“Le Mans is one of the most exciting events in the world for me; from a driver’s point of view but also as a Frenchman,” he said. “There are so many fans here!

“This year is going to be really interesting and exciting to arrive with this new hybrid technology. I am very happy with my team-mates Alex and Kazuki. We have a great relationship. I knew both of them a little bit before but working with them closely together is a real pleasure.

“Also I am very proud to be here with Toyota Racing, which is a fantastic team. Since we started testing in January, I know everyone in the team more and more, as well as developing a shared method of work. I have to say that I very much enjoy the way of working at Toyota Racing.”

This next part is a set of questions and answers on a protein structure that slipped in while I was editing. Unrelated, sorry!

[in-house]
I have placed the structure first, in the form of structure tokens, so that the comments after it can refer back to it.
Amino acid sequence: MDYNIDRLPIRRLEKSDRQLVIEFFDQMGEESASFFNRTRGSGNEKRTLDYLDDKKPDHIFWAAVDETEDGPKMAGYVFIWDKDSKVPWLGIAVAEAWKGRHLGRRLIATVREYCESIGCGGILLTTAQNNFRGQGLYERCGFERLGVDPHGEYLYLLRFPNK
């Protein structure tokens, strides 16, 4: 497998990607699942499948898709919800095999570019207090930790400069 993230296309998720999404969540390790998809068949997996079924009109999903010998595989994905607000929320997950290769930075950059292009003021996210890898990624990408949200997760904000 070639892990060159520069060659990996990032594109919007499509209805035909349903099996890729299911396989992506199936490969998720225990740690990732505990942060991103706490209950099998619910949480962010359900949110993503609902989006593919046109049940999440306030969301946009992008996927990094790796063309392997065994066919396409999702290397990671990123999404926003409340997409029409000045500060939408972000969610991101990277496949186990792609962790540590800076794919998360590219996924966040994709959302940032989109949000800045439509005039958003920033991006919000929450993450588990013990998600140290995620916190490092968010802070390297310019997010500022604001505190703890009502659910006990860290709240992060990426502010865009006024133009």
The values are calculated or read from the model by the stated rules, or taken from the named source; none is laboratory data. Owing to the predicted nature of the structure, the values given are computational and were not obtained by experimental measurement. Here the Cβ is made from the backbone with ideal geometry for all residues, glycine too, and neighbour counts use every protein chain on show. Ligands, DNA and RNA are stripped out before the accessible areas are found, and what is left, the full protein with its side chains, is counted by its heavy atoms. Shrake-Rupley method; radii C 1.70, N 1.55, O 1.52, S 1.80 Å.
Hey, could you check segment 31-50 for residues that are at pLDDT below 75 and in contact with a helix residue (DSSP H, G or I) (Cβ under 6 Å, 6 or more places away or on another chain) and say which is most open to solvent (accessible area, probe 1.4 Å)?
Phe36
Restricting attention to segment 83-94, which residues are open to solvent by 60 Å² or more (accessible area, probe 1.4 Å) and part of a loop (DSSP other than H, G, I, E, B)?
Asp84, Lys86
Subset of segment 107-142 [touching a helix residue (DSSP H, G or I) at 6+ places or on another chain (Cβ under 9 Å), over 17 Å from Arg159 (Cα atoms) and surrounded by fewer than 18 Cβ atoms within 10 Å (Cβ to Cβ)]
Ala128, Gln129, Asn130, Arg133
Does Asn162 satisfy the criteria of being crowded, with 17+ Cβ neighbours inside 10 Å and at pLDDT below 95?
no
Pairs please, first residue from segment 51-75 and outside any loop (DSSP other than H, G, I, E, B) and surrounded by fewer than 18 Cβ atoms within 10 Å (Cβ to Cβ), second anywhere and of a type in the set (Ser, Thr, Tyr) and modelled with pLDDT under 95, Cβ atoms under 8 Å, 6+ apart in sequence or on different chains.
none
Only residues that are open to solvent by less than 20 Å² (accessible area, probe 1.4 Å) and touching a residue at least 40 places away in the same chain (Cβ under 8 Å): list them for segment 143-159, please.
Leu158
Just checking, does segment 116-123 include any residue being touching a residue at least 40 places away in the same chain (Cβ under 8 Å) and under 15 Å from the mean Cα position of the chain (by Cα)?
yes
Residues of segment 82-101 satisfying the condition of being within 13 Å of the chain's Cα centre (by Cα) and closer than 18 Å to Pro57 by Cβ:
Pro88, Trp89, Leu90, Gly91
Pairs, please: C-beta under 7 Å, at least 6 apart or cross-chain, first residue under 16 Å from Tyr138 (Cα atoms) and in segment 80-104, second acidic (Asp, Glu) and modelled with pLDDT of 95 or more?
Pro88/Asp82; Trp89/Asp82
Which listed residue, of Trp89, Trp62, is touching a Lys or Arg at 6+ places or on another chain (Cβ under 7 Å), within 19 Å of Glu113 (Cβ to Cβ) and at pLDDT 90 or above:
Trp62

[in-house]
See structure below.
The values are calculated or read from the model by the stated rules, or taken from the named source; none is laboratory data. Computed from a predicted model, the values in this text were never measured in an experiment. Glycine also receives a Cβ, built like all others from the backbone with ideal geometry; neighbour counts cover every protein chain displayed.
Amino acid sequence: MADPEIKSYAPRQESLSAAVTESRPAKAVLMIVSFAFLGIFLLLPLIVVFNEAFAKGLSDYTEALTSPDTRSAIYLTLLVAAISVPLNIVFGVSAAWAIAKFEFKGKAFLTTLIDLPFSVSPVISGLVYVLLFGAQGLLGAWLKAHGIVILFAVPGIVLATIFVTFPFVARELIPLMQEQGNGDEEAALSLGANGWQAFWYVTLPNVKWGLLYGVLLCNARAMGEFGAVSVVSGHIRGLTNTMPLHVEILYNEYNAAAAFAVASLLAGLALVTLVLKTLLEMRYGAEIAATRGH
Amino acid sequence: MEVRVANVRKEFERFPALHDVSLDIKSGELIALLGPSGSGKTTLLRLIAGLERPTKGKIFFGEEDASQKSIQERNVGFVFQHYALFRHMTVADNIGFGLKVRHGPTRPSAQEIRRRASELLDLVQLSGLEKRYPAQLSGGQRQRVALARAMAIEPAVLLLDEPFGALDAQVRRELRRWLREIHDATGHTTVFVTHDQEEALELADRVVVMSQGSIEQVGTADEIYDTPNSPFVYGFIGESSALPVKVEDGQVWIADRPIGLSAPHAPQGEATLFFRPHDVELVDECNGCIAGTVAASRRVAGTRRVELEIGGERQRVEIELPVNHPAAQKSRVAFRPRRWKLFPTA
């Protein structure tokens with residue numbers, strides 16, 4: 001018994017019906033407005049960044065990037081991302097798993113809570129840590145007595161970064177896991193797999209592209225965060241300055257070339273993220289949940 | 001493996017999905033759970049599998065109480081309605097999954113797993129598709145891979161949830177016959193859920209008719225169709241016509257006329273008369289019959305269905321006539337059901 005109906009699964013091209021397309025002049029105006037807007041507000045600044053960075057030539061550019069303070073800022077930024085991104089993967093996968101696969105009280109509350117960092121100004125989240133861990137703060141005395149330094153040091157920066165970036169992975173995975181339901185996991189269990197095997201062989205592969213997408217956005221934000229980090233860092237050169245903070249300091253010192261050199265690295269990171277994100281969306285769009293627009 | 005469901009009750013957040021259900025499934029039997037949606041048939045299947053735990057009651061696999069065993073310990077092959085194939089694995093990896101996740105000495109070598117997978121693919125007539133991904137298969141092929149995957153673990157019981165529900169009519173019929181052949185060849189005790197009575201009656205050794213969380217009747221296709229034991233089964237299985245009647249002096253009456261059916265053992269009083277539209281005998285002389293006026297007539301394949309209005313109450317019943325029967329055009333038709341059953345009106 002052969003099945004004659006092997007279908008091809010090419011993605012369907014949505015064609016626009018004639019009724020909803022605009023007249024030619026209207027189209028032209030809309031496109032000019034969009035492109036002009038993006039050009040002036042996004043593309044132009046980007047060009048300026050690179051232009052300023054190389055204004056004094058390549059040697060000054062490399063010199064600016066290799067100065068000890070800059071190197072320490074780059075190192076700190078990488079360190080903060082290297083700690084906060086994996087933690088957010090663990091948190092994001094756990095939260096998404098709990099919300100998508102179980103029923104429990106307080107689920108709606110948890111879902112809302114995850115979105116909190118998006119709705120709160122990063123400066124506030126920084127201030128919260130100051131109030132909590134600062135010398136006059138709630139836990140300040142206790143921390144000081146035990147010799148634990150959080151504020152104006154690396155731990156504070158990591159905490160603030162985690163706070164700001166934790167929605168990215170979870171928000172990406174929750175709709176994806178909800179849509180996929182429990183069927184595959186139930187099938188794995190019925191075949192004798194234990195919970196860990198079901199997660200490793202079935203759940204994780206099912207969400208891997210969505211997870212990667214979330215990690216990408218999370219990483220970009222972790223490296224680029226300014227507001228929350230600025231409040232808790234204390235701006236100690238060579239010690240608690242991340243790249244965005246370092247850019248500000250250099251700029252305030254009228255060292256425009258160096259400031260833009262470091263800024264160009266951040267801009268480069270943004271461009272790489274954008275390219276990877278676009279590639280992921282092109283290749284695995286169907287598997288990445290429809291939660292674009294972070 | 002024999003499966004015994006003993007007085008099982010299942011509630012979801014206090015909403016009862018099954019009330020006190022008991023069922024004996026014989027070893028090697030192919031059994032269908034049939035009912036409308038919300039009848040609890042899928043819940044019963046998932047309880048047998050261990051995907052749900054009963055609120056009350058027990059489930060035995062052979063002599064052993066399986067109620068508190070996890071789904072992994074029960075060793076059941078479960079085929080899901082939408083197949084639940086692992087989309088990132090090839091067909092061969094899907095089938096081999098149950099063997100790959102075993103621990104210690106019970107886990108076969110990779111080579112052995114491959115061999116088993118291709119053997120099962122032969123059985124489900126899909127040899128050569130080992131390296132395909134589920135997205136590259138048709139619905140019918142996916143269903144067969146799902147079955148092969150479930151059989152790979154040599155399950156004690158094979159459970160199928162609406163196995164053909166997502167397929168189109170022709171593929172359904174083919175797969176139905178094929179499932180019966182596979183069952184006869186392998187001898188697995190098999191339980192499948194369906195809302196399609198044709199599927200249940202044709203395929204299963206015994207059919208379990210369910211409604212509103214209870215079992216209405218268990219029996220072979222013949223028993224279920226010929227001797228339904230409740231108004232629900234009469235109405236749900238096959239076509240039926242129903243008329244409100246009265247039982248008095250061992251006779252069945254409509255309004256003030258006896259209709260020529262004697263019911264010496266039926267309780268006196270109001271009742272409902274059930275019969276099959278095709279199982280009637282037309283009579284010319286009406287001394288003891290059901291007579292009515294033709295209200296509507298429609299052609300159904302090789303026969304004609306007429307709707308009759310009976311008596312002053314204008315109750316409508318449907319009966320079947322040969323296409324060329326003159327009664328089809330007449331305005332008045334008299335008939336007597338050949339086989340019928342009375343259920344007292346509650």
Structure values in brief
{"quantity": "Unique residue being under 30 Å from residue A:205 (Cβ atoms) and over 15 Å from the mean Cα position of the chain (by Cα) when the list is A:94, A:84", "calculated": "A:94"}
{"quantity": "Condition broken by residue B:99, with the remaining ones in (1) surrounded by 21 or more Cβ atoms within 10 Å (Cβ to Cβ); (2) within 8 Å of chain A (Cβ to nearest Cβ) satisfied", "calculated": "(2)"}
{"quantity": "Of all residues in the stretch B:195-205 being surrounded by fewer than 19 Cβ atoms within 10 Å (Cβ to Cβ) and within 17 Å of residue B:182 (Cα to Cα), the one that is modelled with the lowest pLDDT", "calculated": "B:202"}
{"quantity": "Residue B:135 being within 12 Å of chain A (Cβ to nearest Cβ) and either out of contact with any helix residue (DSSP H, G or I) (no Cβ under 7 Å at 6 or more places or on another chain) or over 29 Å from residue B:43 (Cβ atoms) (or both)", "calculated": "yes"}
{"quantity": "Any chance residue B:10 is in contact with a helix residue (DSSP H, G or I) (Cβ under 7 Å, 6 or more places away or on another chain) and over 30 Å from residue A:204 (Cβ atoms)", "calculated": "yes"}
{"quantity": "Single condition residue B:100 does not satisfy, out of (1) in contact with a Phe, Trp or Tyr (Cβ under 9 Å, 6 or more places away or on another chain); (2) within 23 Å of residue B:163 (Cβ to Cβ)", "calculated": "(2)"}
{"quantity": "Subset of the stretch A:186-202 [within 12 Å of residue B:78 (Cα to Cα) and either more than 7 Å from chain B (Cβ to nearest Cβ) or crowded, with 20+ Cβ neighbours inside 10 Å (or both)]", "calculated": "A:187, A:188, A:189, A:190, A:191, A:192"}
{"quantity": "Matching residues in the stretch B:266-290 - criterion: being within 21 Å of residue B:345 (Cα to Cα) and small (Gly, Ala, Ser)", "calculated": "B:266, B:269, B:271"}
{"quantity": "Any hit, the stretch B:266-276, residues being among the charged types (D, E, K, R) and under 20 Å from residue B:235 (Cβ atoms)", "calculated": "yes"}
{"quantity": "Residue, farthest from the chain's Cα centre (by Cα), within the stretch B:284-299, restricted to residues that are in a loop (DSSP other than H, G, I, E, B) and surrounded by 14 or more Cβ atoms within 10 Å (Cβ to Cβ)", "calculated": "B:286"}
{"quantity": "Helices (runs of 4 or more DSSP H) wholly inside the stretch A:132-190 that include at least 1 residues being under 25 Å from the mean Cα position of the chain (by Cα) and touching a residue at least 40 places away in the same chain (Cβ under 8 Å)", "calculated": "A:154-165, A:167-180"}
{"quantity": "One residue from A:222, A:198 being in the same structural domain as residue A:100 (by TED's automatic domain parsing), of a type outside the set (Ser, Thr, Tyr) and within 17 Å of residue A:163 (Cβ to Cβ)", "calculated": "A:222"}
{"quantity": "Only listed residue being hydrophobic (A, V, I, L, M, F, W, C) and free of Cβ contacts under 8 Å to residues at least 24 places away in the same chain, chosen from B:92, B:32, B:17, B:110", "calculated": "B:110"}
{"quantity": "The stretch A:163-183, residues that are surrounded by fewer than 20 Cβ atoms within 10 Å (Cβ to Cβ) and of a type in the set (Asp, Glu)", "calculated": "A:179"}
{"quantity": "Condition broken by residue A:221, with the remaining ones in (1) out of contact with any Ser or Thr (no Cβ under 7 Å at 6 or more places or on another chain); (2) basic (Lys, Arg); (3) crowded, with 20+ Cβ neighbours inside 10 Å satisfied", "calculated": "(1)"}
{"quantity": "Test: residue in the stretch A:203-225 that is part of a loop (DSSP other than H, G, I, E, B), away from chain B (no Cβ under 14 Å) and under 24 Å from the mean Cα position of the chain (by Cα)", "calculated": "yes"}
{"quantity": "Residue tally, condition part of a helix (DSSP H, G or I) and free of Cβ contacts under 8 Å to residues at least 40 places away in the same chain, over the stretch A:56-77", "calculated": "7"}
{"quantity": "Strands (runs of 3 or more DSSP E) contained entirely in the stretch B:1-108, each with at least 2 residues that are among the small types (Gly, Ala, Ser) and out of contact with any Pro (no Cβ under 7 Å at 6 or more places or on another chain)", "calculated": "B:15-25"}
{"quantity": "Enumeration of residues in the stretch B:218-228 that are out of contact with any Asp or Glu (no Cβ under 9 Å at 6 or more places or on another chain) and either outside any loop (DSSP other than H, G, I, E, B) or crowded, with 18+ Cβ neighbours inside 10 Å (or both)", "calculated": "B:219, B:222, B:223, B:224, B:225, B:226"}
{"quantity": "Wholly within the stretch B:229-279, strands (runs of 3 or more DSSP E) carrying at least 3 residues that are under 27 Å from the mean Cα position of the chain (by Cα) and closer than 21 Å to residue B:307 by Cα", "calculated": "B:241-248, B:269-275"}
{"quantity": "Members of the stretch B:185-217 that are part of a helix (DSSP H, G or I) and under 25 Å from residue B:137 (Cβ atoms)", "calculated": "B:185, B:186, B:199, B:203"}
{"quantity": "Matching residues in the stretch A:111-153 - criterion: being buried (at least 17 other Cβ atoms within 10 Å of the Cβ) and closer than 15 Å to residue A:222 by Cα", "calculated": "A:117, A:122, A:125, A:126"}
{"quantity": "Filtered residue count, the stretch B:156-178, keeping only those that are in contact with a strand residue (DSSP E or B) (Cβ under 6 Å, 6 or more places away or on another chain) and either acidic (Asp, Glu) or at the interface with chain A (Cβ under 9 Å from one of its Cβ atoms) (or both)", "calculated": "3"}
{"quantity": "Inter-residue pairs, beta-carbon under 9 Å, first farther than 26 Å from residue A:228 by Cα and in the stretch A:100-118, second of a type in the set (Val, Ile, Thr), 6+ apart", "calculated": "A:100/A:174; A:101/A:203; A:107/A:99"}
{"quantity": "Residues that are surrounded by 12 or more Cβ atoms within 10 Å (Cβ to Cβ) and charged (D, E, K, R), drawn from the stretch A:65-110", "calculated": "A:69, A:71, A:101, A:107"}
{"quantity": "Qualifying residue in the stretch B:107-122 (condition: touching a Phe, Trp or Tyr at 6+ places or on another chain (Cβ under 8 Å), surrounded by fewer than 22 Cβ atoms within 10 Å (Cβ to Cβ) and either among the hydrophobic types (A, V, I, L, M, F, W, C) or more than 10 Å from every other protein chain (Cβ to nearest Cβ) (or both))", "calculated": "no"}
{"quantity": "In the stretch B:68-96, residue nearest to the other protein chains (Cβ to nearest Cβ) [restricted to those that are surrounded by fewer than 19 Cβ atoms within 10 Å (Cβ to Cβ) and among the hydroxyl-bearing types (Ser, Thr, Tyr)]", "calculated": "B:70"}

2012 marks 27-year-old Nakajima's first time racing at Le Mans.

“Already during the test day you can feel that the Le Mans 24 Hours is very special; there are so many spectators on site,” he said. “Of course many more people will come for the race weekend.

“For me it is going to be exciting to participate in this event for the first time. I am sure that you perform well if you enjoy yourself and I do enjoy driving on this track, being with my team and my co-drivers. All of us will do our utmost to maximize our performance.

“My favourite part of the track is the Porsche corners although I am still learning how quick you can go through the chicane and how quick you can run over the kerbs.”

Toyota TS030 Hybrid - Photo Credit: Toyota Motorsport GmbH

Wurz, Lapierre and Nakajima share car #7 - Photo Credit: Toyota Motorsport GmbH